Rogue Ales’ New ‘Wasted Sea Star Purple Pale Ale’ Shines Light on a Deadly Disease and Supports Research to Save the Sea Stars

by Carolyn Sotka

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Photo provided by Rogue Spirits and Ale.

Yesterday, Rogue Ales & Spirits announced the release of their new ‘Wasted Sea Star – Purple Pale Ale’, brewed to raise awareness about Sea Star Wasting Syndrome – an epidemic killing millions of sea stars along the Pacific Coast of the United States.

Rogue joined with Oregon State University and the Partnership for Interdisciplinary Studies of Coastal Oceans (PISCO) to craft the new ale using purple corn nectar, which pays homage to a native sea star rapidly disappearing from the Oregon coastline, a place the brewery also calls home.

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This 3-day series taken at Guemes Island, Washington, shows how quickly the disease can progress and the extent of damage that can be done in only few days. Photo credit: Kit Harma

Along the rocky intertidal zones throughout the Northeast Pacific, Sea Star Wasting syndrome is overwhelming purple sea stars (Pisaster ochraceus), keystone species of shallow tidal pools, to such an extent that it has been called the largest marine animal disease event in recorded history.

Identifying which virus is to blame is particularly tough because a single drop of seawater contains about 10 million viruses, but according a recent paper published in the journal Proceedings of the National Academy (PNAS), scientists believe they have found a potential cause linked to a virus known as denovirus. Densovirus does not kill the sea star itself but instead weakens its immune system. That makes the starfish more susceptible to bacterial infections, which, once developed, ultimately leave it melting into a pile of mush.

Similar die-offs have occurred in the past, but never to this magnitude or geographic extent. Sea star wasting syndrome is a general description of a set of symptoms that includes lesions in the ectoderm, followed by decay of tissue, and soon thereafter fragmentation of the body and death–in short, it’s not a nice ride for the little guys.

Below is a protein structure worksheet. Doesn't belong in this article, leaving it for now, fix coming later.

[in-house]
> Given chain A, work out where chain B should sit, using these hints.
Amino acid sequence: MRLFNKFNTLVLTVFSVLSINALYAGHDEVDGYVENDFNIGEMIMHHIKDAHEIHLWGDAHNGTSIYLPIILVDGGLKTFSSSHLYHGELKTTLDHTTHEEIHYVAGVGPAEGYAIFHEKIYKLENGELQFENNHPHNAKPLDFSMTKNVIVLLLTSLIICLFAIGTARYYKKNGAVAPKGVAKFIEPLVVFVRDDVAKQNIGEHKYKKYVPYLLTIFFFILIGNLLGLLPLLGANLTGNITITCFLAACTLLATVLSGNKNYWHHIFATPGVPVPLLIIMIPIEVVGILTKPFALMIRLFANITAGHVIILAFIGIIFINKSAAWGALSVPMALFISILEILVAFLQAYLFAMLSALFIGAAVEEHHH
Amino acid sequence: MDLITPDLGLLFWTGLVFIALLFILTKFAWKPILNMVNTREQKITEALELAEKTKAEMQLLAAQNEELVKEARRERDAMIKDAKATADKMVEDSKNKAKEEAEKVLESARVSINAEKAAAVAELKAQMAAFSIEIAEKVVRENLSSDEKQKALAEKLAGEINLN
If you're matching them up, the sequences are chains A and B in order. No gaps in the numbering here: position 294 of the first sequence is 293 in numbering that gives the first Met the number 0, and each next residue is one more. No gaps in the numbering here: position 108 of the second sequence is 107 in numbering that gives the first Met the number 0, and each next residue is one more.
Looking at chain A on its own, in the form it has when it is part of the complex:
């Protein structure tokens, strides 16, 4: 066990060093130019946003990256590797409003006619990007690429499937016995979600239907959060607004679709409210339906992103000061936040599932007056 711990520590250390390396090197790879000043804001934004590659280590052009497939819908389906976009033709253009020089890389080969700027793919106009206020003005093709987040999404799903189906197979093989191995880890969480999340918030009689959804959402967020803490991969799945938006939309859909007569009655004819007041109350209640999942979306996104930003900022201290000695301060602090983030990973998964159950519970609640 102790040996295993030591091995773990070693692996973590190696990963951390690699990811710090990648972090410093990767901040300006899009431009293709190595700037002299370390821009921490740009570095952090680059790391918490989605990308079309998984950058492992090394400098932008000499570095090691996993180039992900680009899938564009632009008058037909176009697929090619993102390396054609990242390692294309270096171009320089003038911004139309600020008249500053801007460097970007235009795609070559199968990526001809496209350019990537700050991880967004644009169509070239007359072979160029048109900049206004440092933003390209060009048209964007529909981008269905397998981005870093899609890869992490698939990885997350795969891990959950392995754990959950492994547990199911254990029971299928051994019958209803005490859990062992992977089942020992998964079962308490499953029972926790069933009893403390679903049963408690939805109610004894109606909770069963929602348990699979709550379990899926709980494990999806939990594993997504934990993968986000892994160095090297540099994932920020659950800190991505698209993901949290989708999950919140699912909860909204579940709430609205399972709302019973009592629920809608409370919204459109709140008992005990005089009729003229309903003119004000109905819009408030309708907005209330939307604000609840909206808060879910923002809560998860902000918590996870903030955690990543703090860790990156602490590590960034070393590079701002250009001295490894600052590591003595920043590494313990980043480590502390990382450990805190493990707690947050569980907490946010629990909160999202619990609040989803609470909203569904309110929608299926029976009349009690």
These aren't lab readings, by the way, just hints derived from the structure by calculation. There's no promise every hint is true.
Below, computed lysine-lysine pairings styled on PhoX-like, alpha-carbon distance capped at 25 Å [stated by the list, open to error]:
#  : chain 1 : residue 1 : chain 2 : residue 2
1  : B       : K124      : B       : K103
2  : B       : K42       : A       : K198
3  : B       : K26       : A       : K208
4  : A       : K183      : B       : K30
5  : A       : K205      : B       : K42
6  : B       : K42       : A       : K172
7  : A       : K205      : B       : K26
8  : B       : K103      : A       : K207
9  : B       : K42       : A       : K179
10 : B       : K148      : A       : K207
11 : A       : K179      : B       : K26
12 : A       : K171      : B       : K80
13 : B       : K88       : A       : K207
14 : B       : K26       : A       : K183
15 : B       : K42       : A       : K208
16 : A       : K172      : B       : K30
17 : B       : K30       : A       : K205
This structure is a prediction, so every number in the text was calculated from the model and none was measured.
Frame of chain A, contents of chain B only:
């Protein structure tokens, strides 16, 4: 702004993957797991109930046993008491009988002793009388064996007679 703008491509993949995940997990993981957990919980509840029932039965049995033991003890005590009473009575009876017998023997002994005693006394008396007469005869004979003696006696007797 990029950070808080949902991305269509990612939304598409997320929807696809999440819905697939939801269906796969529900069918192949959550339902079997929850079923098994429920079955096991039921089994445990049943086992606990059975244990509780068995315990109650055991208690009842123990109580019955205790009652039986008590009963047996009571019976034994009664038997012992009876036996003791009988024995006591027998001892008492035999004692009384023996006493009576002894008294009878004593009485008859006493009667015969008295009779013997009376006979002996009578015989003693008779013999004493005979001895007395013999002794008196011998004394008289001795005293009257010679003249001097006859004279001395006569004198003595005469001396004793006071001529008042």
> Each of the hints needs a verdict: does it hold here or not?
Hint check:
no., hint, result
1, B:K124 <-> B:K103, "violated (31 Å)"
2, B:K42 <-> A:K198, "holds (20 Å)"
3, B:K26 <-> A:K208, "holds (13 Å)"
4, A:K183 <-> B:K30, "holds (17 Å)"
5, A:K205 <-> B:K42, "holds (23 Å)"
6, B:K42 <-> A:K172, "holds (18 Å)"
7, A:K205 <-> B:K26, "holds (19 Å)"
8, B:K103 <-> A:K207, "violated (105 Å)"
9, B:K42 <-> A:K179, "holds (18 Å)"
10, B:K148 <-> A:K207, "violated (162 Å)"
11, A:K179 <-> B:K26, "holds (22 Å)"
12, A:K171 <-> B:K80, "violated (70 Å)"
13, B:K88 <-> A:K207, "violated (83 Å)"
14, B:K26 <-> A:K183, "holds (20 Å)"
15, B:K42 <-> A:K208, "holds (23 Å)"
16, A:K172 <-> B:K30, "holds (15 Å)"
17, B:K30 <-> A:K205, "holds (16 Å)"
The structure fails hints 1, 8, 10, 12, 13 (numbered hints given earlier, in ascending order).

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After months of research, scientists think they have discovered the pathogen at the heart of the starfish wasting disease that’s been killing starfish by the millions along the Pacific shores of North America. Video by Katie Campbell/KCTS9

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This is not the first time Rogue Spirits and Ale has highlighted a marine organism – here is the ‘Olde Crustacean’ brew. Photo provided by Rogue Spirits and Ale.

“We are extremely excited about this new partnership with Rogue to raise awareness about the importance of sea stars to healthy ocean ecosystems”, said lead PISCO-OSU investigator Bruce Menge. “Rogue’s new beer also recognizes the efforts of investigators across the country who are collaborating to understand this disease and its impacts.”

Rogue Spirits and Ale has over the years featured different ocean critters and donated to a variety of ocean-related causes. Past marine-themed beers include the ‘Spiny Lumpsucker Ale’, ‘Wolf Eel Ale’, ‘Shark Tooth Ale’ and ‘Sea Otter Amber’. One ‘Whale Ale’ was even crafted in honor of Keiko, the orca, the Oregon Aquarium’s most celebrated resident and star of the movie Free Willy before his release into open waters. In addition they sponsor activities like the annual surfing event ‘The Gathering Longboard Classic’ on Newport’s South Beach.

A portion of the proceeds from the sale of this beer will go towards the research of Sea Star Wasting Syndrome conducted by the PISCO. PISCO is a long-term monitoring and research program led by investigators at four universities along the U.S. West Coast: Oregon State University, UC Santa Cruz, Stanford University, and UC Santa Barbara.

Check out The Rundown on the PBS News Hour to learn about advancements in understanding the West Coast sea star plague and visit Rogue’s Spirits and Ale to learn about their over 60 different ales that use a non-pasteurized process with no preservatives, all natural ingredients.

Cheers to Rogue’s ‘Wasted Sea Star – Purple Pale Ale’ and the on-going scientific research to help prevent sea star die-offs now and hopefully for generations to come. -CS

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